DENVER (CBS4) – While many student athletes dream of becoming professional athletes one day, history shows most will find a career outside of sports. One organization in Denver, “Athletics and Beyond,” made it their mission to encourage young men to excel in their sport, while also preparing for a career and life outside of football.

(credit: CBS)

To encourage their young athletes to advance themselves academically and professionally, Athletics and Beyond organized a seven-on-seven football tournament at Montbello High School. There, between games, athletes and their families were given access to professionals in different industries in Colorado.

“We want to help (student athletes) get wherever it is that you want to go,” said Kyle Reese, coach of one of the participating teams. “The draw is football. But, anyone who has ambitions beyond the high school level, they need a path drawn out for them.”

(credit: CBS)

While much of the attention at the tournament was on the touch-football games, parents and athletes were forced to walk around a career fair at the front gate of the field before entering the facility.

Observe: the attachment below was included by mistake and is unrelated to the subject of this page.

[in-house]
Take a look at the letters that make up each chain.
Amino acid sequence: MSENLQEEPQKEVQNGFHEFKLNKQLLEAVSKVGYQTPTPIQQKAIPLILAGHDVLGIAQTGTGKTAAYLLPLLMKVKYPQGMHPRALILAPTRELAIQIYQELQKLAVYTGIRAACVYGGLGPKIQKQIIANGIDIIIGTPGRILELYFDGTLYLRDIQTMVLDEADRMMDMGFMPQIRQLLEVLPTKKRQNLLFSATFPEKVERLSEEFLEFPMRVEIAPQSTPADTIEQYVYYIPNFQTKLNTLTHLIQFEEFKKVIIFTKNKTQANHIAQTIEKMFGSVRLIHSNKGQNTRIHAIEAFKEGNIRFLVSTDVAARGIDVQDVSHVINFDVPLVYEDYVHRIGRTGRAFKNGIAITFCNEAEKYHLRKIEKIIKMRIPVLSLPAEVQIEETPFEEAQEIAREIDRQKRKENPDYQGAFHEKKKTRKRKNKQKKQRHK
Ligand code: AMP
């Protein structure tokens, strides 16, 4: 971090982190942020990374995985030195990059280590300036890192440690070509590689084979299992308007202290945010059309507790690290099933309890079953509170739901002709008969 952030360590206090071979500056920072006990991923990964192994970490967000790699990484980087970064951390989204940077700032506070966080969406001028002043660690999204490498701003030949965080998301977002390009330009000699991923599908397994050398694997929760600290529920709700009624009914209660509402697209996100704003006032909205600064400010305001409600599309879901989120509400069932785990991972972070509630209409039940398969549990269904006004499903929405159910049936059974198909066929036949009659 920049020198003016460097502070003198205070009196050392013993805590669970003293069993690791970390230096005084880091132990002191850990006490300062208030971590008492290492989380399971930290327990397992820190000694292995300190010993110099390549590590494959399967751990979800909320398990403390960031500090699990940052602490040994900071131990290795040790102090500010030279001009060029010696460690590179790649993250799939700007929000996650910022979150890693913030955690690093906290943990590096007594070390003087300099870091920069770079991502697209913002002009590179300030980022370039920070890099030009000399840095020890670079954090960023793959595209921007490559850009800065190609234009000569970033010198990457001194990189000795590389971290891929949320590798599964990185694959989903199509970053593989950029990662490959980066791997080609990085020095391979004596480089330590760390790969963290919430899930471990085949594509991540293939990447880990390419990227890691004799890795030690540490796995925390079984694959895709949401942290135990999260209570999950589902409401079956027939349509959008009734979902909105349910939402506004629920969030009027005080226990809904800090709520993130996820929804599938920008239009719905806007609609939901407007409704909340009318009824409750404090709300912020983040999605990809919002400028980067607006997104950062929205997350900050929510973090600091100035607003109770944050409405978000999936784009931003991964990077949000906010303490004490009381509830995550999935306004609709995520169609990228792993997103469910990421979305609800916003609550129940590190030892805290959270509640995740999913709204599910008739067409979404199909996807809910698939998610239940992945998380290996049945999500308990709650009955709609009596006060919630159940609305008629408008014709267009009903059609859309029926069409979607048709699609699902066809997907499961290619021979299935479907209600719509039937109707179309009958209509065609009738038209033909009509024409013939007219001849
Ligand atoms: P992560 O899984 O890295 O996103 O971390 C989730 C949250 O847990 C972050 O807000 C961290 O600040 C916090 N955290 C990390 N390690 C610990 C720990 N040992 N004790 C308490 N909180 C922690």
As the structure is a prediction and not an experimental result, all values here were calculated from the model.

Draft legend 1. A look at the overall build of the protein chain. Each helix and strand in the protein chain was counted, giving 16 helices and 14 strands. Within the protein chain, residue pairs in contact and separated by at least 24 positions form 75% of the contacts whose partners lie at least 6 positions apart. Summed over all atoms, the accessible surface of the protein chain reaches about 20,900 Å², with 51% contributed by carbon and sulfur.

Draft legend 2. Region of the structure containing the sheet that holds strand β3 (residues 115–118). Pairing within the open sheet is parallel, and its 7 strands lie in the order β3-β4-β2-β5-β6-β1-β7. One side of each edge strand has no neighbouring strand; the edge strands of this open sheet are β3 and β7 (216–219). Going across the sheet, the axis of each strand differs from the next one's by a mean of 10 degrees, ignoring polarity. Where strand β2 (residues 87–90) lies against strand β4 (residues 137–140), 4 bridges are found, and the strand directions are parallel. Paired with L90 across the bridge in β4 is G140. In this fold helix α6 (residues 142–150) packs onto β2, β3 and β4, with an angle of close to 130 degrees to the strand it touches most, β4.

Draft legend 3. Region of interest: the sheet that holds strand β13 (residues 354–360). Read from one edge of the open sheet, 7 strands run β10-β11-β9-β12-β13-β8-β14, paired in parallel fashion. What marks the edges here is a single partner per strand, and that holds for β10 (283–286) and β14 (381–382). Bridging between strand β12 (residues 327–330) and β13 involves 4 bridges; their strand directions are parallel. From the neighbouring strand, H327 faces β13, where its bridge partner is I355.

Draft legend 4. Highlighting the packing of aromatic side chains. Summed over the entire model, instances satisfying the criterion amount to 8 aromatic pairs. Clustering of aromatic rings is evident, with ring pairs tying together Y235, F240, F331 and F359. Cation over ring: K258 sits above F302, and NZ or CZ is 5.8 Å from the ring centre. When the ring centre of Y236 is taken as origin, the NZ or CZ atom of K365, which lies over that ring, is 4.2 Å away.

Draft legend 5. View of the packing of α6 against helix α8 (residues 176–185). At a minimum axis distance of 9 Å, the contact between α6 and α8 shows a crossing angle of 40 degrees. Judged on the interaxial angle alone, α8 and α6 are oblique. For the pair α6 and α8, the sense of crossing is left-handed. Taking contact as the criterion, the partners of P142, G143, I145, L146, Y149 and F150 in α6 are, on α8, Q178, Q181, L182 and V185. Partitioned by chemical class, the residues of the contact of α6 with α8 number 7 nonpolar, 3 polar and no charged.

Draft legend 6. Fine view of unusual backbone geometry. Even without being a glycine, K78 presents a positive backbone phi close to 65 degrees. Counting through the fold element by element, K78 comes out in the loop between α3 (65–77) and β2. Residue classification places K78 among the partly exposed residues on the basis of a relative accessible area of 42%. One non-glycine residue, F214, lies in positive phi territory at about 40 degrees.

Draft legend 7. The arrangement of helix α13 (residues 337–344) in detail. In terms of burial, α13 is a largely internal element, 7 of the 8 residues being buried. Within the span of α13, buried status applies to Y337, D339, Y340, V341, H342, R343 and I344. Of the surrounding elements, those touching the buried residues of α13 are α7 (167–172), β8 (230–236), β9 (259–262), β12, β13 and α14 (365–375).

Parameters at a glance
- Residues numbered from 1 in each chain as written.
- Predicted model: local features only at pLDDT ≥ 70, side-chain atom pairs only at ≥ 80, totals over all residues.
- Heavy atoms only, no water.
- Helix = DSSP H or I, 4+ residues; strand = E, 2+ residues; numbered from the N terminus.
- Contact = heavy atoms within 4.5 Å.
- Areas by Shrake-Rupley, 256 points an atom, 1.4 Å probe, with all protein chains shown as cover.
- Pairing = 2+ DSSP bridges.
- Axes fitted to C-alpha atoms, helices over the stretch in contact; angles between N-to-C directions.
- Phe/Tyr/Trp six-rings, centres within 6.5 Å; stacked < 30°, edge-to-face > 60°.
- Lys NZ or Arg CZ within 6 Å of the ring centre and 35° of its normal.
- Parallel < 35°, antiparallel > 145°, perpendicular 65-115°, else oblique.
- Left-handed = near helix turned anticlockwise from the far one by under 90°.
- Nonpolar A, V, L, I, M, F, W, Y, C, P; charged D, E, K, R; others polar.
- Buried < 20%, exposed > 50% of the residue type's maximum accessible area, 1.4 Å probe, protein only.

Organizers, like Reese, said opportunities like this encourage teams to consider life after sports.

(credit: CBS)

“Even if you do go pro, and you play for five years and you are 27, what are you going to do?” Reese said.

Students with team “TCO” also undergo study sessions away from the field and are given access to tutors to better prepare for SAT and ACT testing.

“We compete in everything. We can compete in academics. We can have the best GPA,” Reese said. “Athletics may not be in their future. Do you want to go to college and accrue debt, or do you want to start your career in construction? Or, do you want to intern in a flight program?”

(credit: CBS)

Receiver Drea Thompson told CBS4’s Dillon Thomas he wanted to explore a career in aerospace engineering, or aviation. While he loves the sport, he wanted to take time between games to meet engineers at the career fair.

“Certain people can help you go a long way with certain things. Especially if you know them well. So, it is great to make connections,” Thompson said.

His mother, Erin Thompson, said she was pleased to see how well her son and his team performed on and off the field.

(credit: CBS)

“He’s taken advantage of the SAT prep,” Erin said, noting her son’s score improvement in mathematics.

While scoring on the field is a great bonding moment filled with temporary highs for the team, Drea said he more so wanted to help his fellow athletes find a strong path to success off the field.

“I want to see my friends succeed,” he said.

Dillon Thomas

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